After Action Reports

Unfortunately, although some After Action Reports from the Korean War are available online (including a collection available to view and download from archive.org), the actual After Action Report covering this incident doesn't appear to be among them (yet).

This may well be part of the collection 'Reports and Other Records Relating to Korean War Military Operations, 1950 - 1956' held by the US National Archives. This collection is described as follows:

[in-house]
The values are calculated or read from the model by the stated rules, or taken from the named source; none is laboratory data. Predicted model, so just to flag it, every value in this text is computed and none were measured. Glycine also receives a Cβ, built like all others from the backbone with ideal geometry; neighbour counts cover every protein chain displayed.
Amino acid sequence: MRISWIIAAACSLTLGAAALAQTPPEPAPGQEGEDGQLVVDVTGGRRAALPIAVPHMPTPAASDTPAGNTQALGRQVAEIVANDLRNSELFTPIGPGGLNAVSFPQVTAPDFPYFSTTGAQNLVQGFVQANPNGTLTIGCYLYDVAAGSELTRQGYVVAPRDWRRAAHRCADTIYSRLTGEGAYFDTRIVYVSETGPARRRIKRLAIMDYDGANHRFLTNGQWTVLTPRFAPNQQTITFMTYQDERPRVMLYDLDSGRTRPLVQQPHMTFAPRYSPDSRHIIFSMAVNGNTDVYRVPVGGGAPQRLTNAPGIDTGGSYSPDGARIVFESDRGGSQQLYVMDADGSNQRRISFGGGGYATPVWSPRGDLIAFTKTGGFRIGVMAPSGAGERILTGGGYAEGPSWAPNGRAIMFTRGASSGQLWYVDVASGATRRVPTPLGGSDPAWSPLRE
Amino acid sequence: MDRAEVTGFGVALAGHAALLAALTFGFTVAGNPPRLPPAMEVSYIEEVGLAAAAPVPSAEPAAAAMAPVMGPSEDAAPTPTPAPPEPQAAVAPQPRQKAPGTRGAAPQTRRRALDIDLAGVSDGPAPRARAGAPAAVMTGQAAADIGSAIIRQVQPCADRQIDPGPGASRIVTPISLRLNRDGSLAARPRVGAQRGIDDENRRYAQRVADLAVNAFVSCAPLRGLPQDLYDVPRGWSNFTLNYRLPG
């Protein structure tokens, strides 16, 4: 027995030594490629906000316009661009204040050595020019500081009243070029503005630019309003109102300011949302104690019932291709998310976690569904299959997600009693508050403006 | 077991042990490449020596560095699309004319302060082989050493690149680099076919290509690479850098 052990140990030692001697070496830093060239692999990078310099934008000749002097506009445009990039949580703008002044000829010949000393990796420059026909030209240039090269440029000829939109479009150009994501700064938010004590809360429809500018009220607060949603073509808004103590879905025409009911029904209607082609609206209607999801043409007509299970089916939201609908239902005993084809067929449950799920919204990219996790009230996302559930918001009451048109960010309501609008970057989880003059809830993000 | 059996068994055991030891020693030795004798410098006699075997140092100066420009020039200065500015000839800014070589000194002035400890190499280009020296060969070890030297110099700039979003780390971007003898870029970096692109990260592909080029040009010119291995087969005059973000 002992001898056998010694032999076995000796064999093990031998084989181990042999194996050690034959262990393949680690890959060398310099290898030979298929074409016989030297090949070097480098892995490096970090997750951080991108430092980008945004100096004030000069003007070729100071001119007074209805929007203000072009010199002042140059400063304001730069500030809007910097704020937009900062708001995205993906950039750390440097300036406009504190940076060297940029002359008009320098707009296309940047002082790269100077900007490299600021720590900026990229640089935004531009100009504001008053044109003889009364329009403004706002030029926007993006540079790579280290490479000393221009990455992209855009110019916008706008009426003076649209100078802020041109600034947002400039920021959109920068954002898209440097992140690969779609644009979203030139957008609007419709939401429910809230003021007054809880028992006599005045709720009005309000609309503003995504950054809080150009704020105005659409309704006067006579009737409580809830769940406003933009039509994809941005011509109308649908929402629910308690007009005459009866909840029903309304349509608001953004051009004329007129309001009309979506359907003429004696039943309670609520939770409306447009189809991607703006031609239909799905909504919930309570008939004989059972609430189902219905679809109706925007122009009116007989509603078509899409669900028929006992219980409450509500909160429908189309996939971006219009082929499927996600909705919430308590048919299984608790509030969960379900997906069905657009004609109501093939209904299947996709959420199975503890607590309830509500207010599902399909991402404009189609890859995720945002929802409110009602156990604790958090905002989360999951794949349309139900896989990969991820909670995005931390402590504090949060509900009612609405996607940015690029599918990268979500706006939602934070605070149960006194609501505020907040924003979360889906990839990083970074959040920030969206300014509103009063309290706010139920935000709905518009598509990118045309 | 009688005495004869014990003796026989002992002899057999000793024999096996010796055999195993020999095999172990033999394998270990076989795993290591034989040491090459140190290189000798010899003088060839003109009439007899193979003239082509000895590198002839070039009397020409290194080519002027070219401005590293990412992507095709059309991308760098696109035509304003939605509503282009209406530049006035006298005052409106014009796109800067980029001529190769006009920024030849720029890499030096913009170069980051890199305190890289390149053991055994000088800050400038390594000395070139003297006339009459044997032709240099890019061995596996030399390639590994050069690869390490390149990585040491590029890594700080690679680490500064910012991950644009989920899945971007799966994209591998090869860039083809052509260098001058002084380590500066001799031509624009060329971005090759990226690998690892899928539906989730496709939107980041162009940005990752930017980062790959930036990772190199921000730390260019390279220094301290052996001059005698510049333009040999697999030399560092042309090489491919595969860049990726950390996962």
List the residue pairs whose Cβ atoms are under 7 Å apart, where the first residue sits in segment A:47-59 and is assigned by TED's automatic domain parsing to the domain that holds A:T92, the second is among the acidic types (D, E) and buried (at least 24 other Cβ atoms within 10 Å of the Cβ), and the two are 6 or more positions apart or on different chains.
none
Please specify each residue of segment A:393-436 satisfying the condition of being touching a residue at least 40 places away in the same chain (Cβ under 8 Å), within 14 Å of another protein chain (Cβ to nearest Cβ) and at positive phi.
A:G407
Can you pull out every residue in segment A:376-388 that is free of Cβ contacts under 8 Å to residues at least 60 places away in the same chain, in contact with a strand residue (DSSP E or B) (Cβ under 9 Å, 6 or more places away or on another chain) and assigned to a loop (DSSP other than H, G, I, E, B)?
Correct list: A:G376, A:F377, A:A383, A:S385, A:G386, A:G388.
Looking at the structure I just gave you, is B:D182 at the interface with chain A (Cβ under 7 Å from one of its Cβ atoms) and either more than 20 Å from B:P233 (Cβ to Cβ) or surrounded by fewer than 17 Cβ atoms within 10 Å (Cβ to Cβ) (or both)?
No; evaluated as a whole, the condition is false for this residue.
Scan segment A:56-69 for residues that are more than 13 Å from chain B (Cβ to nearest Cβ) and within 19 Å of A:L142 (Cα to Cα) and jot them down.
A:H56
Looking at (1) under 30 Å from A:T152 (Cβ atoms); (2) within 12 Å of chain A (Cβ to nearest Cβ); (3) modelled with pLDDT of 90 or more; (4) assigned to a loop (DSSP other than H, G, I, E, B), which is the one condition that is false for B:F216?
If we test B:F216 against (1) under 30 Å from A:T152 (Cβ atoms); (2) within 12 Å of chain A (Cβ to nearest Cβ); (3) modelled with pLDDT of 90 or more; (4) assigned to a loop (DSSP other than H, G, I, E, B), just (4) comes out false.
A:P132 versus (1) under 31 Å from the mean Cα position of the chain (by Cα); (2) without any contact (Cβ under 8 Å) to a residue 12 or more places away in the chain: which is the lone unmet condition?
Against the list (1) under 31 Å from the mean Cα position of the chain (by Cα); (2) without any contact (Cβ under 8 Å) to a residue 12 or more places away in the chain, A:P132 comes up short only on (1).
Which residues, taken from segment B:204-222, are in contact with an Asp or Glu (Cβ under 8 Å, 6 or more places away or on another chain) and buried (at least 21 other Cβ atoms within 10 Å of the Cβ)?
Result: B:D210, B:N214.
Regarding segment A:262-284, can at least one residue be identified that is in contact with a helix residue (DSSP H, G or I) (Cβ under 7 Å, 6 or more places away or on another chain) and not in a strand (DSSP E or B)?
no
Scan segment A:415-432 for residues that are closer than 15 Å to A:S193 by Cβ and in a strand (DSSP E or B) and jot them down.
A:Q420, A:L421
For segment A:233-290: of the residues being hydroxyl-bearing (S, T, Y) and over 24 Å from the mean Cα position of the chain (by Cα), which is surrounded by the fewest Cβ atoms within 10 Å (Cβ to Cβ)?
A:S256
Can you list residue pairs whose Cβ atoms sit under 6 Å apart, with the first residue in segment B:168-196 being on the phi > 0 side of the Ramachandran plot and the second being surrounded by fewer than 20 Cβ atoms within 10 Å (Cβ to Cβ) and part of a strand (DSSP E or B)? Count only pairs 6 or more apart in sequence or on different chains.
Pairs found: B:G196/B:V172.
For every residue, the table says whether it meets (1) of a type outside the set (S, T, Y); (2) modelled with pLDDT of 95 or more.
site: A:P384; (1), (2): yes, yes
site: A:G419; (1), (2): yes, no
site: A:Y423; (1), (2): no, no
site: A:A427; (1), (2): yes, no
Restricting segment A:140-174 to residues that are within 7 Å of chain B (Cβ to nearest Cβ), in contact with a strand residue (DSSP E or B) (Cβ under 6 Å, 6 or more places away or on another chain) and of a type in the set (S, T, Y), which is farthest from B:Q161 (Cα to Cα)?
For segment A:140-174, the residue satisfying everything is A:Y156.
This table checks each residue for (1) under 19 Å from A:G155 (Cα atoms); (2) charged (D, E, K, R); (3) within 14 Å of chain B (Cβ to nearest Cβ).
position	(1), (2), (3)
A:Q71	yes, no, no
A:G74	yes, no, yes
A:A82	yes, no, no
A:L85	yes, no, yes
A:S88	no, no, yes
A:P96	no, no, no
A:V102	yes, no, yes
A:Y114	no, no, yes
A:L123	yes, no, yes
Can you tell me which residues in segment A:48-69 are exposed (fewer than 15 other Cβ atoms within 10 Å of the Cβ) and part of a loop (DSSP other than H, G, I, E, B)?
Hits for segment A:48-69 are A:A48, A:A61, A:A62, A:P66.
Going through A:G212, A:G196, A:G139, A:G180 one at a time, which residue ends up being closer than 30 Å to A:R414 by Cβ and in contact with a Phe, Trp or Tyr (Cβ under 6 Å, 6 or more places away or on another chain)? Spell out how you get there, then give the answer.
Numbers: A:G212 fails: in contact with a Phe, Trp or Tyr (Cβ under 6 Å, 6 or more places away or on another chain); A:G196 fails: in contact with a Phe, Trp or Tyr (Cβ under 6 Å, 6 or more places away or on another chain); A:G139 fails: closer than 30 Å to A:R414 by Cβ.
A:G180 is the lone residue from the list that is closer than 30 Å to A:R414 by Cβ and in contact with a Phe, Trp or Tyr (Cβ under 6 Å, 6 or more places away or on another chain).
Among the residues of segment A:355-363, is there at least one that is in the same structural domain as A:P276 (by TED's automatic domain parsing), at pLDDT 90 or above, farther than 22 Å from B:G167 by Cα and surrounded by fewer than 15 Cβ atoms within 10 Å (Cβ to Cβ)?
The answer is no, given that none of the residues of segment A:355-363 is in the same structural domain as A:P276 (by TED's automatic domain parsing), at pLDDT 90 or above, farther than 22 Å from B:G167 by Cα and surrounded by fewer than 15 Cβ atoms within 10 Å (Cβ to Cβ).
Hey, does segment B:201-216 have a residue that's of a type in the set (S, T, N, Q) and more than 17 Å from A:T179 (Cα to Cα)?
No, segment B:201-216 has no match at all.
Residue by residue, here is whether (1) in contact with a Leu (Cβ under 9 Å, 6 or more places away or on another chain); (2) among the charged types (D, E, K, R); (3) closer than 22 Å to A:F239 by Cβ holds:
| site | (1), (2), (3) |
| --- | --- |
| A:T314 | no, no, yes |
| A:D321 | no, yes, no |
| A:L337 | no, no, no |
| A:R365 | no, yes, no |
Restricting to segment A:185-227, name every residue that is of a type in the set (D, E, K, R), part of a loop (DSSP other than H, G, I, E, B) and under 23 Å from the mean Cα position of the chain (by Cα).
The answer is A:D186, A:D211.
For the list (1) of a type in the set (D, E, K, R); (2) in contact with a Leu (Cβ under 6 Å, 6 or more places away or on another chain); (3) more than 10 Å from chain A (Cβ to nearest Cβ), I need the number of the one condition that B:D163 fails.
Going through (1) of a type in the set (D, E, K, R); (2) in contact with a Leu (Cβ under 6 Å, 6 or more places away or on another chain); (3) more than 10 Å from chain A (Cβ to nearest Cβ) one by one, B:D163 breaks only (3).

"This series consists of reports and other records relating to U.S. Navy and Marine Corps operations during the Korean War. Included are final reports on U.S. Pacific Fleet operations, and on the First Marine Division operation at Chosin Reservoir. After action reports on other operations, and many maps and map overlays are included. There are national intelligence surveys on Korea, and transcripts of interviews with Marine officers about their combat experiences. Illustrated pamphlets on major lessons of the Korean War, and published historical studies on U.S. Air Force operations in the war are also included. At the end of the series is an Army War College conference report on United Nations military operations in Korea to the end of 1951, and First Marine Division general orders designating combat units in Korea for 1953. The records were maintained by the History and Museums Division and its predecessor."